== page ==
Throughout the course of the play, Julio discovers Gladys’ priorities. Gladys is extremely loyal to Adria, so loyal that she is willing to betray blood. This loyalty relates to her nostalgia for pre-Revolutionary Cuba. Adria represents a past where everyone knew his or her societal role. After Castro comes to power, however, the wealth of new opportunities and uncertainty overwhelms Gladys while it intrigues Julio. Julio looked forward to the revolution because he expected it to turn the hierarchy upside-down. Perhaps under Castro, he reasoned, he could live a happy life as a homosexual. But he fails to foresee how long true change needs to take effect.
Lisa does not assume full responsibility for her weakness just as Julio does not accept full responsibility for his own life. Lisa may not care about conforming to mainstream society but, like any human being, she still wishes to belong to a social unit; in her case, theatre. Lisa respects theatre not only because of her desire to be “original and creative” (Kron 54) but also because she believes it inadvertently saved her from becoming her mother. She believes it taught her how to move and breathe, saying: “I [learned]how to inhabit my body—that there is an alternative to dragging your body around like a stone and wishing it would disappear” (Kron 69). It was not until she moved to New York and became involved in theatre that she began to feel healthy. Lisa, thus, seems overly concerned with proving herself to be artistic and inventive so that she may a) belong and b) further improve her health.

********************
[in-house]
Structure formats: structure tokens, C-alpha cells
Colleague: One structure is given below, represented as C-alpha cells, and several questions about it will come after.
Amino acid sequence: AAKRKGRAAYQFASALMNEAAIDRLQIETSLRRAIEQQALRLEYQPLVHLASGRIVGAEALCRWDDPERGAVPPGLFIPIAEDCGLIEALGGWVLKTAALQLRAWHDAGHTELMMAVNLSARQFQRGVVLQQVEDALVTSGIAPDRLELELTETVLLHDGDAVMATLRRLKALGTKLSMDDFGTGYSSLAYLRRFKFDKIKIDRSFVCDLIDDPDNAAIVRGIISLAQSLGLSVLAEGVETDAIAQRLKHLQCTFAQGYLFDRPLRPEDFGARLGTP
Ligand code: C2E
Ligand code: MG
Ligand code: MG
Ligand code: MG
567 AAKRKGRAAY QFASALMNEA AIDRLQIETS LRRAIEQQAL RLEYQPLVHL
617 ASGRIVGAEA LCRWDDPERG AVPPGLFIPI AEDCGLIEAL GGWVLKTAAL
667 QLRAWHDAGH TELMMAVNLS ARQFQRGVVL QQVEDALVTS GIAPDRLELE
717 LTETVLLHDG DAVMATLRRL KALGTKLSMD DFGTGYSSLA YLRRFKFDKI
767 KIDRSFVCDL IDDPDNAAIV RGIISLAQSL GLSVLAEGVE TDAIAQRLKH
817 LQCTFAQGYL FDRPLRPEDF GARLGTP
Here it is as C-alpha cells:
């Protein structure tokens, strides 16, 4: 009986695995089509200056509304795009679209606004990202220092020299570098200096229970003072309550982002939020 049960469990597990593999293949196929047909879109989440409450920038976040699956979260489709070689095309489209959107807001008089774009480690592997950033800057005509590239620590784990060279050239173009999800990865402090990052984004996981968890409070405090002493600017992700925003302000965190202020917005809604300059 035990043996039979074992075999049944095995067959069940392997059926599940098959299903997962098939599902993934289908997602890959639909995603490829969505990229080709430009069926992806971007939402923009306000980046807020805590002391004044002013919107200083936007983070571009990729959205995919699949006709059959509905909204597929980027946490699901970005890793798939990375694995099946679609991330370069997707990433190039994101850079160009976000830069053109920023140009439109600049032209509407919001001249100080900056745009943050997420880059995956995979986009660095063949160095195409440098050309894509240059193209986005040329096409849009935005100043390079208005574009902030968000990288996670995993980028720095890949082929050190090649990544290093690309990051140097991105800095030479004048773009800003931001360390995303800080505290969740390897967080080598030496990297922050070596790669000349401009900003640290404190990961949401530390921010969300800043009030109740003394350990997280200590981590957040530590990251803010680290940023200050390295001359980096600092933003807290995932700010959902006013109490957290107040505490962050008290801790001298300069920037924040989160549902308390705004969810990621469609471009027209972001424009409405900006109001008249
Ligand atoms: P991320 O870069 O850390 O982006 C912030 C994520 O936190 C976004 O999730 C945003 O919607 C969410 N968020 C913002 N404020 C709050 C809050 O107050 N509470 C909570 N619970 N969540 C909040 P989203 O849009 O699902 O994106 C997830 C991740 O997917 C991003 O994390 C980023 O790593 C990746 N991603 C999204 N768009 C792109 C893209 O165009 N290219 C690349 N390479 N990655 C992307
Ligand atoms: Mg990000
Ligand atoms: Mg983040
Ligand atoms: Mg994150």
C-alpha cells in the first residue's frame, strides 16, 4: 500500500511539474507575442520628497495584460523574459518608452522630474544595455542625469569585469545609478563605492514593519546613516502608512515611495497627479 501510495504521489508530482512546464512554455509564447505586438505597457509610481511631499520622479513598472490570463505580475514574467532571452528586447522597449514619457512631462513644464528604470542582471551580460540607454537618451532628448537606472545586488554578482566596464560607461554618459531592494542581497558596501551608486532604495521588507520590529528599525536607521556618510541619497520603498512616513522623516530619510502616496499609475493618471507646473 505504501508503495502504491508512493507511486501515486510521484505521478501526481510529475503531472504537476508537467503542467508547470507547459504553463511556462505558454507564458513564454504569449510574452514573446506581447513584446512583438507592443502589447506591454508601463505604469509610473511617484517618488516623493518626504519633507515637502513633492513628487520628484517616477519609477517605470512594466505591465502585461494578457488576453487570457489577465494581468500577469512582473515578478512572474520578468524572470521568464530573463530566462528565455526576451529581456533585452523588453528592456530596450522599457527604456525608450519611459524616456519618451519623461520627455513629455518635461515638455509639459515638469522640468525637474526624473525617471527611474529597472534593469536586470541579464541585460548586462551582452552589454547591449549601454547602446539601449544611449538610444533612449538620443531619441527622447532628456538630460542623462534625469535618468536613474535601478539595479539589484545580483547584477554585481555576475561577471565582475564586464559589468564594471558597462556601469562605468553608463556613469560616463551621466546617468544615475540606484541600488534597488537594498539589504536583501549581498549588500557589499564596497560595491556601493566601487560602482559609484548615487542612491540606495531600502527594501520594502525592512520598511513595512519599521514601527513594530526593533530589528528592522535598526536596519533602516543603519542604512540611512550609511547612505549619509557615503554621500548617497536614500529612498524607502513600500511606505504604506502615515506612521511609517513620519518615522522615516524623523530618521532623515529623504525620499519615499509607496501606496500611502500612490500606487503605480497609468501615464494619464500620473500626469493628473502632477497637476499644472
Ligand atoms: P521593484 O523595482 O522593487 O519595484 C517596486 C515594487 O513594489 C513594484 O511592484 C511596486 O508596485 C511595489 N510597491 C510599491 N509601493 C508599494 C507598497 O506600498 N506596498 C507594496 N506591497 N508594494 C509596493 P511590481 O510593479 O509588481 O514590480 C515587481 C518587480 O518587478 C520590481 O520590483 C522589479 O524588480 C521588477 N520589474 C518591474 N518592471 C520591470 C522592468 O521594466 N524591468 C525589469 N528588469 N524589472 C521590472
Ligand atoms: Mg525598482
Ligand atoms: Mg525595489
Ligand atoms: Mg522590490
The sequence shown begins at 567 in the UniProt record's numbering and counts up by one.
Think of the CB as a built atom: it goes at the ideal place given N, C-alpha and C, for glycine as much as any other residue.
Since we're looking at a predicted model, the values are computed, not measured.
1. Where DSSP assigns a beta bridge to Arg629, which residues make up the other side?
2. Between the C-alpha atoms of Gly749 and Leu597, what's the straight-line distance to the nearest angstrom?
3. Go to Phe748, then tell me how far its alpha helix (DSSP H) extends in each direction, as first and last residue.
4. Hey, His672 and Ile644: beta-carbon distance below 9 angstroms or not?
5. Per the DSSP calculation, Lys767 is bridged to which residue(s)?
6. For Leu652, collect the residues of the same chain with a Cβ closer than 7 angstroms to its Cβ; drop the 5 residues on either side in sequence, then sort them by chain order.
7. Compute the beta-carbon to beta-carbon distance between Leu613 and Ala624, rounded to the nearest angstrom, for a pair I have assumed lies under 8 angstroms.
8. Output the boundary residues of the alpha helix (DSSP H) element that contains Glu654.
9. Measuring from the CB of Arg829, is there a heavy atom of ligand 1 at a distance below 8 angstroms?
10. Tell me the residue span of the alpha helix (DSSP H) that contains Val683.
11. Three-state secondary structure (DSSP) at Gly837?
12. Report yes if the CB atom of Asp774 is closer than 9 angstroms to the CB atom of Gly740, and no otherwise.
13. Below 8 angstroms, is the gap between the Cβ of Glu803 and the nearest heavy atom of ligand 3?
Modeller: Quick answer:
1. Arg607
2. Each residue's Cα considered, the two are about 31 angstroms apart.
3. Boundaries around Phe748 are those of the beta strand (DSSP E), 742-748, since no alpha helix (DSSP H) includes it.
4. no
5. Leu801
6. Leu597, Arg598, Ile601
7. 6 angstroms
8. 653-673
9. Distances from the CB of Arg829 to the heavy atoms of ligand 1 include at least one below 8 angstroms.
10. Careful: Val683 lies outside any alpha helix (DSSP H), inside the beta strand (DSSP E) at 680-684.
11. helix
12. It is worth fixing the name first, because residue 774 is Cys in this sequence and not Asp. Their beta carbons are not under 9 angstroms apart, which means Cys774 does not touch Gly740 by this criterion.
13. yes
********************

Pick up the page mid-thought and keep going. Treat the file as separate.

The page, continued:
Throughout the play, Lisa desperately tries to distance herself from her mother, to ‘other’ herself, because she does not want to associate herself with what she considers her past thoughts about sickness, the ones that agreed with her mother’s obsessive, hypochondriac behavior. She says:
“Just in case I was not clear about this, at the time I went into the Allergy Unite I believed in allergies. In my family we believe in allergies…We’re a family that believes in things. Like racial integration…I would say…the two main things we believe in as a family are allergies and racial integration…If you’re a part of the main group all the time, you never learn to see the world from anyone’s point of view but your own” (Kron 22).